Now God is looking for a few more Isaacs. Do you hear him calling? He’s asking you to sacrifice, he’s asking you to give yourselves to this path. Because it requires sacrifice. There’s no getting around it. You want something for your family, you want to be filled with the ambrosia of righteousness, you have got to give it your all. Who’s ready? Who’s ready to be filled?
I am, cried one old woman. I’m ready.
Me too, Lord, I’m ready.
And these several, these five, Hood took by the hand, limping, and led onstage. These are our Isaacs! We bless them, Lord! We anoint them with oil! Which he did, smearing it on their foreheads. Don’t be afraid! These few, these shall live forever in the resurrection! And they were led away, out of the tent, as the congregation sang:
The crows cry accusations
The sunshine weeps for blood
The fields are thirsty cauldrons
The locusts come to bud
Where they going? Gillian whispered.
I don’t know, Andrew whispered back.
You got to offer a sacrifice! You have to give what is most precious.
Hours passed and the sun shone its last, but somehow the tent was hot as ever, a testament to the bodies packed inside the canvas walls. Hood’s words batted at them like wings. He began to call for the Holy Spirit to lead them, to take control of his tongue, to shake him like a leaf. Having been standing without relent all evening, Andrew, Gillian and Nancy all stood with heads hung, sweat soaking their clothes. Only Dustin looked up, staring with an expression of unrelenting perplexity at Hood. Other voices were raised now, but not in any tongue someone could understand. An inchoate shouting from before the raising of Babel: Ga na hai ba graaas tillok nu! Ha na gai ba so killon tu! A young woman fainted and began muttering and spitting along with the shouter. Hood stretched out his hand and slapped a thickset man on the forehead who fell back poleaxed.
These people are crazy, Andrew said. Dustin looked back at him angrily and Andrew was shocked.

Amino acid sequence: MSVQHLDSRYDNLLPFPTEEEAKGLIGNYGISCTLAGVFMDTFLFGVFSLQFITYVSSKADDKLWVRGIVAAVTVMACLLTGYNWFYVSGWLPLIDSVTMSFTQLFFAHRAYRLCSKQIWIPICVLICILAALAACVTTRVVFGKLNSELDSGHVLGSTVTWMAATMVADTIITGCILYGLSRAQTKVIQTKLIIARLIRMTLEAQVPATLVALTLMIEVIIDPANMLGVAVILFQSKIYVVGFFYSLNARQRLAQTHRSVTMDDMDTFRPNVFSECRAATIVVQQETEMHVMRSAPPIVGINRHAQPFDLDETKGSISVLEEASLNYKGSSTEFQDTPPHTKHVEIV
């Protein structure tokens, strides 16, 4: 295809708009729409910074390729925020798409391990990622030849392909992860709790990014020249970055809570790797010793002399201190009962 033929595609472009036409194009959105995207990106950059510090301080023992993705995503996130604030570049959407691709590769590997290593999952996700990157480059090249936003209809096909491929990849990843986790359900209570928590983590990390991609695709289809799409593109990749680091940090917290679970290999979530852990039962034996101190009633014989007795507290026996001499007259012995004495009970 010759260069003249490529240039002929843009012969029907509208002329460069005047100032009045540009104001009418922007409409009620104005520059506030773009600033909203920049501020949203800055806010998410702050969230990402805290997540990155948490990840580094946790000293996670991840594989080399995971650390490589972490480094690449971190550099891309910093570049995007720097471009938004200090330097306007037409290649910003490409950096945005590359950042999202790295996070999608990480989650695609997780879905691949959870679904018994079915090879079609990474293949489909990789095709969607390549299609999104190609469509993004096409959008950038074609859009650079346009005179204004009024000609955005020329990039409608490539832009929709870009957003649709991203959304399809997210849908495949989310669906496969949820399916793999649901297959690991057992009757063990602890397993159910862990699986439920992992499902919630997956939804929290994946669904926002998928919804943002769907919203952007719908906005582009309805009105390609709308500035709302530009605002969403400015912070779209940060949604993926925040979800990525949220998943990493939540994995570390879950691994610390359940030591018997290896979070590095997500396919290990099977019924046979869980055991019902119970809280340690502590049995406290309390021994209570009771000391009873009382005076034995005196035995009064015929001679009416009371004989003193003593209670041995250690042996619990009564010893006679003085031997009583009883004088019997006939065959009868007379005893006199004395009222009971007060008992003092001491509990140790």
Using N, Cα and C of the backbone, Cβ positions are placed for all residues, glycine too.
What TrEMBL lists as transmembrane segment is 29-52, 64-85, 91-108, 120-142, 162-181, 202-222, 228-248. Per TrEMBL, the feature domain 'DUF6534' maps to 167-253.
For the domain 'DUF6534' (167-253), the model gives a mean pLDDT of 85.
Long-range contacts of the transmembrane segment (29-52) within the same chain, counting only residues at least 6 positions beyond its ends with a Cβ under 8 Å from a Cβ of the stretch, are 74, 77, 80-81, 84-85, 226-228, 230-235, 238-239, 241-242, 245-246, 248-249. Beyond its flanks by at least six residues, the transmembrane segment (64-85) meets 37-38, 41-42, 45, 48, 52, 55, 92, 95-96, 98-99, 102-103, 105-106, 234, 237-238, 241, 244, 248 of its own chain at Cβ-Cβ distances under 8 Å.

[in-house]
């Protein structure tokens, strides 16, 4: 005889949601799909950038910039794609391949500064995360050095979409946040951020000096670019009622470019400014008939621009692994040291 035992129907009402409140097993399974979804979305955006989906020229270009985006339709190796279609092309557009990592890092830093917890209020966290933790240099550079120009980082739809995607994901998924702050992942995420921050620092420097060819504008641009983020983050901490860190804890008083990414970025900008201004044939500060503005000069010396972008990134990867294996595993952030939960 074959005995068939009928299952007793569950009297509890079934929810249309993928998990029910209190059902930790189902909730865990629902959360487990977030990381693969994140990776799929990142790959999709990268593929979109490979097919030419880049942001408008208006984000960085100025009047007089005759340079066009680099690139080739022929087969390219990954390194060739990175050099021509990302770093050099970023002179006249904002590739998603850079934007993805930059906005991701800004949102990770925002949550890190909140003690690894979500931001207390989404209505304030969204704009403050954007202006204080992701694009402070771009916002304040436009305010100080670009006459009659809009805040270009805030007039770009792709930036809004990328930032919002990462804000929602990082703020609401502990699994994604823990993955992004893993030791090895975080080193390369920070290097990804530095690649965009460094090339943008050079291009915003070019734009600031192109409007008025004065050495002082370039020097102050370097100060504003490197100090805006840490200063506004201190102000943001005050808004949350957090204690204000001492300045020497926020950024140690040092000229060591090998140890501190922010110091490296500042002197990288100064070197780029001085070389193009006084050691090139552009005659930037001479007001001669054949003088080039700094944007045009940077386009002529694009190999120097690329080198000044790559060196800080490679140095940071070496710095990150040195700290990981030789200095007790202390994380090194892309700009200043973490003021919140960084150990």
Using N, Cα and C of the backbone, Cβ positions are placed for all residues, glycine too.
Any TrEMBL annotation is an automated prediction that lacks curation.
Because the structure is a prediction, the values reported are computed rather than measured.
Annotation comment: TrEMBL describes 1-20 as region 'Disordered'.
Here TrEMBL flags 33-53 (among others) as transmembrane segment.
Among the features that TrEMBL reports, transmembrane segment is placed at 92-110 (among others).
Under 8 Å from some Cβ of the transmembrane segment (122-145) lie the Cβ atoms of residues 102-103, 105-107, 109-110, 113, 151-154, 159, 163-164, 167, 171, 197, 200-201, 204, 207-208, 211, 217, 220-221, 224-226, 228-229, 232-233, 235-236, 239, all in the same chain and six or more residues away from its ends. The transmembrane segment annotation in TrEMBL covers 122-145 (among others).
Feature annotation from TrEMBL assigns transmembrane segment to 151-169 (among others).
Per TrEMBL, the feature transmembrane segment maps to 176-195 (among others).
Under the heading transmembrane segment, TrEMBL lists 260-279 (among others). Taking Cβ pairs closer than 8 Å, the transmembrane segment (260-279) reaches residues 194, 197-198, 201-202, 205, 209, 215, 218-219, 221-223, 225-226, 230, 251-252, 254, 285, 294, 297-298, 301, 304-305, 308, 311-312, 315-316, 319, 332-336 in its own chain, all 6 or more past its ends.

What’s being sane ever done for us? Hallelujah! Hunger unto Him!
The whole tent seemed to be shouting now, sweat and spittle flying, folks rolling on the ground, straw in their clothes and hair. A man came on stage at Hood’s invitation and brought a rattlesnake out of a bag and started tossing it from hand to hand. The crowd chanted, Hunger unto Him, again and again, until the words began to lose cohesion, throbbing in their bellies and the veins of their foreheads.
I can’t take this. Andrew grabbed Gillian’s hand and pressed to the door. The crowd shouted, Where you going? Don’t let the sin get you, brother. Just need some air, he said. Some in the crowd were still singing loudly, and with a sudden surge their voices came together:
Hunger unto Him!
Hunger unto Him!
Somewhere — he thought from the barn — someone rang a loud bell, and with that the congregation suddenly fell silent. In that silence Andrew became aware of an aroma that should have been tantalizing but actually made him feel sick to his stomach: roast pork.
We are filled! cried Hood, and the tent flaps drew back.
Servers stood there, men and women bearing platters of sliced pork and heaps of corn pones, which they served on corn husks, and suddenly the hall was full of laughter and joy as each took what they pleased from the bounty. Other flaps were pulled back so the tent was suddenly open to the night, the cool air refreshing all inside. But Andrew just brushed past the servers toward the exit.